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Let the teething begin!

By this time your puppy will have all of its puppy teeth.  Now the puppy  will start to chew on anything available, including you.  This is one of the main reasons I get calls from new puppy owners.  They don’t know what to do, and especially if there are small children around, it can really be problematic.

Take heart in knowing that almost all puppies chew and play bite.  They are exploring with their mouths, or sometimes trying to soothe their sore gums.  It’s also how puppies learn bite inhibition, and if they don’t explore bite pressure, they won’t know how much is too much.  The puppy’s mother and littermates provide feedback while the puppy is still with the litter, but once the puppy is in your home, now it’s your job.   It is a phase that puppies and their owners have to get through, and it will take time and patience.

Chewing:  There are two things you can do when your puppy starts chewing on things it isn’t supposed to – deter and replace.  In order to deter the puppy from chewing on things it shouldn’t, I always recommend that puppy owners get a bitter spray that they can put on anything the puppy chews, including furniture, woodwork, leashes, etc.  Bitter Apple, Bitter Yuck, and Fooey are some popular ones.  The key is, you MUST spray it at least once a day on whatever the puppy is chewing.  (And remember, the puppy should always be supervised or confined, so the puppy should never have long opportunities to be chewing on these things in the first place).  When you do see your puppy chewing on inappropriate things, give the puppy something appropriate to chew on.   Some of my favorites:

  • A classic Kong toy with a small amount of peanut butter or cream cheese rubbed inside and frozen.  I always keep a variety of these types of toys in my freezer when I am raising a puppy as they are safe and will keep the puppy entertained for quite a while and they are very safe.   There are various sizes and colors of Kongs,  The red ones are for the normal dog, the black ones are for the more powerful chewers.  You may have to buy different ones as your puppy grows.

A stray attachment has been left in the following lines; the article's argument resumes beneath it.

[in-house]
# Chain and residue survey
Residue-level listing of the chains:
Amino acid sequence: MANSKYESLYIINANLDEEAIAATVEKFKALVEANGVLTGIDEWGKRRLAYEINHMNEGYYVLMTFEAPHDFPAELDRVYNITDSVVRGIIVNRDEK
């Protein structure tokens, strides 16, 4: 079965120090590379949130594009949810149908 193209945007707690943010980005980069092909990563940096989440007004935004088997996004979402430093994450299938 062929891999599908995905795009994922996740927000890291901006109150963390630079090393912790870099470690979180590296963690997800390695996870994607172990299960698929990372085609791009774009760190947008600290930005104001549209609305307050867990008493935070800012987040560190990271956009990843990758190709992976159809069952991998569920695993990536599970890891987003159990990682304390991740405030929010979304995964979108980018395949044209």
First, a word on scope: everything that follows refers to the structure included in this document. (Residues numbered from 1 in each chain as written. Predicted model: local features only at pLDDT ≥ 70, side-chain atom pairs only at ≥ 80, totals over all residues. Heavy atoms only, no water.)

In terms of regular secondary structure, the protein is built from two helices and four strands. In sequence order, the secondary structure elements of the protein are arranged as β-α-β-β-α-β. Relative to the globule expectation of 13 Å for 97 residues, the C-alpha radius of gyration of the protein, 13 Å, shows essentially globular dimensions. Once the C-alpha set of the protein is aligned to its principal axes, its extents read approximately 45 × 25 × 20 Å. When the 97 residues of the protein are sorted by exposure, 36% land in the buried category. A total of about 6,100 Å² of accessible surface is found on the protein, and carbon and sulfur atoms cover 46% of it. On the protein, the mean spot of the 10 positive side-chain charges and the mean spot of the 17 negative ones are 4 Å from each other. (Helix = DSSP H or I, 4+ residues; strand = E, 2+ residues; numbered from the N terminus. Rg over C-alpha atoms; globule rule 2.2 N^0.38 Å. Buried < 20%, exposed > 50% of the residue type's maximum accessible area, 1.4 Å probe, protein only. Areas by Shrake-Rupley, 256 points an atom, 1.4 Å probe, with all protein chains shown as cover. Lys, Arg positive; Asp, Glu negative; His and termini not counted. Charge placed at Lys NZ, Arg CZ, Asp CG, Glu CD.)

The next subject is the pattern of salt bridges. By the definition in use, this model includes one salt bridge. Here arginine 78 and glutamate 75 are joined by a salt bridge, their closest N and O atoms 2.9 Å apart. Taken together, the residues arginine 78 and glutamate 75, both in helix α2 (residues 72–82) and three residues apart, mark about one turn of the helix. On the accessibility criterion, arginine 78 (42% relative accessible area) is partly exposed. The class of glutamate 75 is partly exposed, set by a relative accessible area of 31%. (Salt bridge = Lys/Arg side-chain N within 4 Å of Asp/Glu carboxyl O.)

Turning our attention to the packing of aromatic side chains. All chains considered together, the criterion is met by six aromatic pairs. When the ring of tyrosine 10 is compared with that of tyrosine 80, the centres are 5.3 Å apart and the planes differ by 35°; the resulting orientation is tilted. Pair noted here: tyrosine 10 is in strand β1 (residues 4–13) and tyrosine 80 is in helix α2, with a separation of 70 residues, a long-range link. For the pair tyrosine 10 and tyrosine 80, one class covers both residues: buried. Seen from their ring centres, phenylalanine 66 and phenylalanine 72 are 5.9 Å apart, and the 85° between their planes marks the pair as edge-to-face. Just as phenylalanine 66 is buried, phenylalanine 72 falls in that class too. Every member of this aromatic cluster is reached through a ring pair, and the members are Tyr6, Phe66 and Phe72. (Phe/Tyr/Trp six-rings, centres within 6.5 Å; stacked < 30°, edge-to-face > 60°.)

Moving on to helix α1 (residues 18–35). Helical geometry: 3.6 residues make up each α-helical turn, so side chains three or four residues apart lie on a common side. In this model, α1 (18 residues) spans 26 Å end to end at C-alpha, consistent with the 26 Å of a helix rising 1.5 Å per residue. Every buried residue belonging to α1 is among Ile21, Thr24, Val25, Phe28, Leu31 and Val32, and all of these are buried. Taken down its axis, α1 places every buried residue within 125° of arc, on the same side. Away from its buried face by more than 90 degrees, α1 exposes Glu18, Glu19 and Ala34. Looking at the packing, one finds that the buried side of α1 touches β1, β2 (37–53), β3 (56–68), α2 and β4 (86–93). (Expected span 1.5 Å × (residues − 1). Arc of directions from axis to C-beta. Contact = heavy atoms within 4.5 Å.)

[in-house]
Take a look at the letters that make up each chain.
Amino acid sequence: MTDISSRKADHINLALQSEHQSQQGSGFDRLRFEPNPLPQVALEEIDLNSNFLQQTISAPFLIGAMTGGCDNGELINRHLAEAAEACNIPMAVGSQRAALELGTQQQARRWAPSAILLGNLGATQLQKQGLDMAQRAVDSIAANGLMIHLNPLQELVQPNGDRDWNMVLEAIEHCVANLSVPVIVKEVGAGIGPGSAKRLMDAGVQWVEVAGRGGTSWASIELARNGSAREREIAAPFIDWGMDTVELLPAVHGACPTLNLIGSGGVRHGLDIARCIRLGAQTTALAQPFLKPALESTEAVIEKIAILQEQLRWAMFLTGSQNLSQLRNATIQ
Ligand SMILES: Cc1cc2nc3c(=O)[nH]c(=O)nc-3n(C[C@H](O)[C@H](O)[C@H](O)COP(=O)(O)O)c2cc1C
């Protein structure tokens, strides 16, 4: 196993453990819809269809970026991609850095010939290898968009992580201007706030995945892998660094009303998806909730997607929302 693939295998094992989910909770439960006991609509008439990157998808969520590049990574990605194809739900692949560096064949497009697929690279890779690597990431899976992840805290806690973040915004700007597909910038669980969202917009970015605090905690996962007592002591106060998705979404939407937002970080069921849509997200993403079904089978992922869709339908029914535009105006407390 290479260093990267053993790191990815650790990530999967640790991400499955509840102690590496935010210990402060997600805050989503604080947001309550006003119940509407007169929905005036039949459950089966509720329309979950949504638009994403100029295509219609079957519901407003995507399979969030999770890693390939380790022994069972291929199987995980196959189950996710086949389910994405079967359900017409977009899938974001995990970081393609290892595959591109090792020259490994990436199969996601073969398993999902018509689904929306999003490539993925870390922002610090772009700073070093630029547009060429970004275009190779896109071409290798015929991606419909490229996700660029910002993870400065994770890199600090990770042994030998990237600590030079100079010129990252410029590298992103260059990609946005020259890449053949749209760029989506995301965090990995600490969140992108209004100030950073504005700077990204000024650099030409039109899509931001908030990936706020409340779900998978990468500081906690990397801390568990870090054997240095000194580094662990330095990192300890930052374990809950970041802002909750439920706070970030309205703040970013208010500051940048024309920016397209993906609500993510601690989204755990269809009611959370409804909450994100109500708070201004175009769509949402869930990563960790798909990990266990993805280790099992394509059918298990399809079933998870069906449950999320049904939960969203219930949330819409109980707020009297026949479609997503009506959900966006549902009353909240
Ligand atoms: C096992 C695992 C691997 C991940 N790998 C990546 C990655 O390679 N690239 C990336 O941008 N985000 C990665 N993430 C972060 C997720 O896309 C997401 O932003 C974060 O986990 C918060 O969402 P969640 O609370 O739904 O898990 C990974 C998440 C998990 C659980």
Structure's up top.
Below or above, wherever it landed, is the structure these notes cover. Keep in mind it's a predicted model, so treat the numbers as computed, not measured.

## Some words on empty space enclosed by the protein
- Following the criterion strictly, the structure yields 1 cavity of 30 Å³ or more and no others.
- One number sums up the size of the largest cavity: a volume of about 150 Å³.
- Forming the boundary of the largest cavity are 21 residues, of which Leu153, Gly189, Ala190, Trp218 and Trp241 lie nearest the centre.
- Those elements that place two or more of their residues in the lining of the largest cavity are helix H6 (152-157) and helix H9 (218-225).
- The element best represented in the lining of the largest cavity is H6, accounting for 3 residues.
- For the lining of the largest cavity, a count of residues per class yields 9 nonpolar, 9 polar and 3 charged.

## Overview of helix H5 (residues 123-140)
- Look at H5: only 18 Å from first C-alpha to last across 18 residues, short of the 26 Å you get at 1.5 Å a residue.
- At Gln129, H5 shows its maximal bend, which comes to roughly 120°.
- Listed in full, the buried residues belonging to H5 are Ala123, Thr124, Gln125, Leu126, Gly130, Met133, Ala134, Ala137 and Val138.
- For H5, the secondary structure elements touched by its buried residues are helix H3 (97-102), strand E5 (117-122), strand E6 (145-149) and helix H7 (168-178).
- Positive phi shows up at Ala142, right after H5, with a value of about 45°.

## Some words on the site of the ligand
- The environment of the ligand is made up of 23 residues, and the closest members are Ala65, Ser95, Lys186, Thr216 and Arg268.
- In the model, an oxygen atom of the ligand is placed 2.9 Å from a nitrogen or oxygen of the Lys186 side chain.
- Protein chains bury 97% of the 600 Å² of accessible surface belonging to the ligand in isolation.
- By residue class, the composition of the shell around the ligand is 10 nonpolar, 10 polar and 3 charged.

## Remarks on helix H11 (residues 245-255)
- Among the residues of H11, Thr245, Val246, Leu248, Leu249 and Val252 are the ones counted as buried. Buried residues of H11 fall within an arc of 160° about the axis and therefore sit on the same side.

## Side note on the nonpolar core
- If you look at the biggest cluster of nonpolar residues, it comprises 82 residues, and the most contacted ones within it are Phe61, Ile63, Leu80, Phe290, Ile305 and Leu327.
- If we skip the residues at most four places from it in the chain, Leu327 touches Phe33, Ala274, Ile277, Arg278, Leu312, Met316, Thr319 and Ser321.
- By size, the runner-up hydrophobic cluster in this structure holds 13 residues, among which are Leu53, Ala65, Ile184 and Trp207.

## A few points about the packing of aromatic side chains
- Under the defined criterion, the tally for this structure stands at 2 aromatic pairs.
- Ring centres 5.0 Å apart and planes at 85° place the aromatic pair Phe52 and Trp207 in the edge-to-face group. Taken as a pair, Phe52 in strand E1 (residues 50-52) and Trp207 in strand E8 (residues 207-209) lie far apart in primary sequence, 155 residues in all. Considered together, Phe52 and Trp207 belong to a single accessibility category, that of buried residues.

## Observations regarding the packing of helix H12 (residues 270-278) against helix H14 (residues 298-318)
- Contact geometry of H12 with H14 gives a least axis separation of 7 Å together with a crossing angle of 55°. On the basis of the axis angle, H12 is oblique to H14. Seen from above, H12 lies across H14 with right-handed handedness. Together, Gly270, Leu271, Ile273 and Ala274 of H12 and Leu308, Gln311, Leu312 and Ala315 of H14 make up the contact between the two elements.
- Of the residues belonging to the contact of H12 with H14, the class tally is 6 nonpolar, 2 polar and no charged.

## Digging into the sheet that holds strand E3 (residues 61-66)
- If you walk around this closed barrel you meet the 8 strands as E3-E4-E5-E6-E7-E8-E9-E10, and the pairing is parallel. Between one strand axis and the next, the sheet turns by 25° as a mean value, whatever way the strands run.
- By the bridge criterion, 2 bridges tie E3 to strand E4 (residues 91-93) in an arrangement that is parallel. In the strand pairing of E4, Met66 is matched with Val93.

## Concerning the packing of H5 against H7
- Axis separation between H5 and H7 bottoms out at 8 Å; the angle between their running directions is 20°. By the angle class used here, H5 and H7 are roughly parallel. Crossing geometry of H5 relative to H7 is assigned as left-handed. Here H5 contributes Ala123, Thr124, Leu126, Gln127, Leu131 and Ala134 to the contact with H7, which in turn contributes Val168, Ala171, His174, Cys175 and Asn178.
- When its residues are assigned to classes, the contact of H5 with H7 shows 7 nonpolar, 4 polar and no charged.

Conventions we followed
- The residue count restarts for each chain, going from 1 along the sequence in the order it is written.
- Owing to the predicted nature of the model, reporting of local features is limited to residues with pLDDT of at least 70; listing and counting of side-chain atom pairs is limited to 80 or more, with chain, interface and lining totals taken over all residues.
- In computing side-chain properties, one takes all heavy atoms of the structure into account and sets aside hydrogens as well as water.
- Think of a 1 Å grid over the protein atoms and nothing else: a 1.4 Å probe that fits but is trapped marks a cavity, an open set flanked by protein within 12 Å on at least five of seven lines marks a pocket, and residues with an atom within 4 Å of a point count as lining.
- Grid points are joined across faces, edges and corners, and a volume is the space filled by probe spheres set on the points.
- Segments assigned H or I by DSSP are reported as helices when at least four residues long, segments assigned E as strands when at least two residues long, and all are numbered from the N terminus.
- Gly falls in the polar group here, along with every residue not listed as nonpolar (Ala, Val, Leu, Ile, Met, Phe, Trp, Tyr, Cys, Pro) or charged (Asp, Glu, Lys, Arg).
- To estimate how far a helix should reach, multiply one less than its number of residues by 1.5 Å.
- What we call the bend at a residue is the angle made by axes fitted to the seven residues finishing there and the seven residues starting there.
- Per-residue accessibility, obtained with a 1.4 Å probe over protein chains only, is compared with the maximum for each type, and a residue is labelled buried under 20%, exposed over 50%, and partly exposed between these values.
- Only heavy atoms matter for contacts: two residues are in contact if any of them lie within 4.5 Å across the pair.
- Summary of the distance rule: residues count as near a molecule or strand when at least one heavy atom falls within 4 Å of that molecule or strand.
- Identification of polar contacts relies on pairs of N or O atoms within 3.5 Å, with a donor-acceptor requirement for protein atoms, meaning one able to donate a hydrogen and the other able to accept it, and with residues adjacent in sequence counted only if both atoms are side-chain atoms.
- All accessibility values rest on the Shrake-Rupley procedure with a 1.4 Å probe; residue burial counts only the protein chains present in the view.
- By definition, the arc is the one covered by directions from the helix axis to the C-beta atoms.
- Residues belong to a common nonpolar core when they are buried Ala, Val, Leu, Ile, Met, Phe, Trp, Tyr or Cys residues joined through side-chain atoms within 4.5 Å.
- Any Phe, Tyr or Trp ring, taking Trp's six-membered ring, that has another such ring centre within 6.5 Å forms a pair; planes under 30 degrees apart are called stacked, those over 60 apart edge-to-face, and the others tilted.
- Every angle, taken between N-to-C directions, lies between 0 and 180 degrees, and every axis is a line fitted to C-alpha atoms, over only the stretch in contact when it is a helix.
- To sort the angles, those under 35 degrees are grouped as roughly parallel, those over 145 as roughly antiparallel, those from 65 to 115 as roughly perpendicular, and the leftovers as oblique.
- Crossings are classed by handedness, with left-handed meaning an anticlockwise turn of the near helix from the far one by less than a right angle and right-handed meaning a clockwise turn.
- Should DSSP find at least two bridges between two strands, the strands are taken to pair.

• A rope toy soaked in low-sodium broth and frozen – this will attract the puppy to chew on it, and will help sooth the puppy’s gums.  I will admit, it does get a bit messy, so give this to the puppy on a hard surface.  You should always supervise the puppy while using these just in case the puppy gets some of the rope apart.  You don’t want the puppy to eat it.

 

  •        Marrow bones and other natural chews are good things for your puppy to chew in limited amounts as sometimes they are too rich for the puppy’s digestion.

 

Play Biting:  I often get calls from new puppy owners saying that their puppy is becoming aggressive.  Often a puppy will be rather subdued for the first week or two, but once it becomes comfortable in it’s new environment, the puppy starts to become a little more assertive and playful.  The puppy is just playing with you like it would another puppy, and especially if there are small children around, that can be scary.  The puppy isn’t trying to hurt anyone, but puppy teeth are sharp.  Other puppies have fur and loose skin so when they play, it’s not a big deal.  But humans don’t and play biting can hurt.

When your puppy tries to chew on you, never hold his mouth shut, pinch his cheek or tap his nose. If you become physical with the puppy, you are teaching your puppy that’s OK.  Also, many of the things I have seen people do to address this issue actually seem like play to the puppy and it will get more excited.  If the kids are running away or squealing, that’s lots of fun for the puppy.

You need to teach your puppy what is appropriate for him to chew. As with a teething baby, providing frozen chew toys helps to redirect the puppy’s energy and efforts to play.  You can also spray hands and clothes with the bitter spray to make those things unattractive to the puppy.  This is a good time to put the puppy in the x-pen with a few good toys so the puppy can’t continue to jump up and play bite.

Increasingly, your pup will need strong leadership from you so he always knows that the people in your home are the pack leaders. Further challenges at this age occur when your puppy shows increased independence and stubbornness.  If you haven’t done so already, now is the time to start training.

Keep learning fun for your pup because he’ll learn more if he enjoys his lessons. Try to keep training sessions to about 15 minutes at a time. If you or he get frustrated (remember, he is a puppy!), just stop, play a game, and then try again with an abbreviated lesson followed by lots of praise.

 

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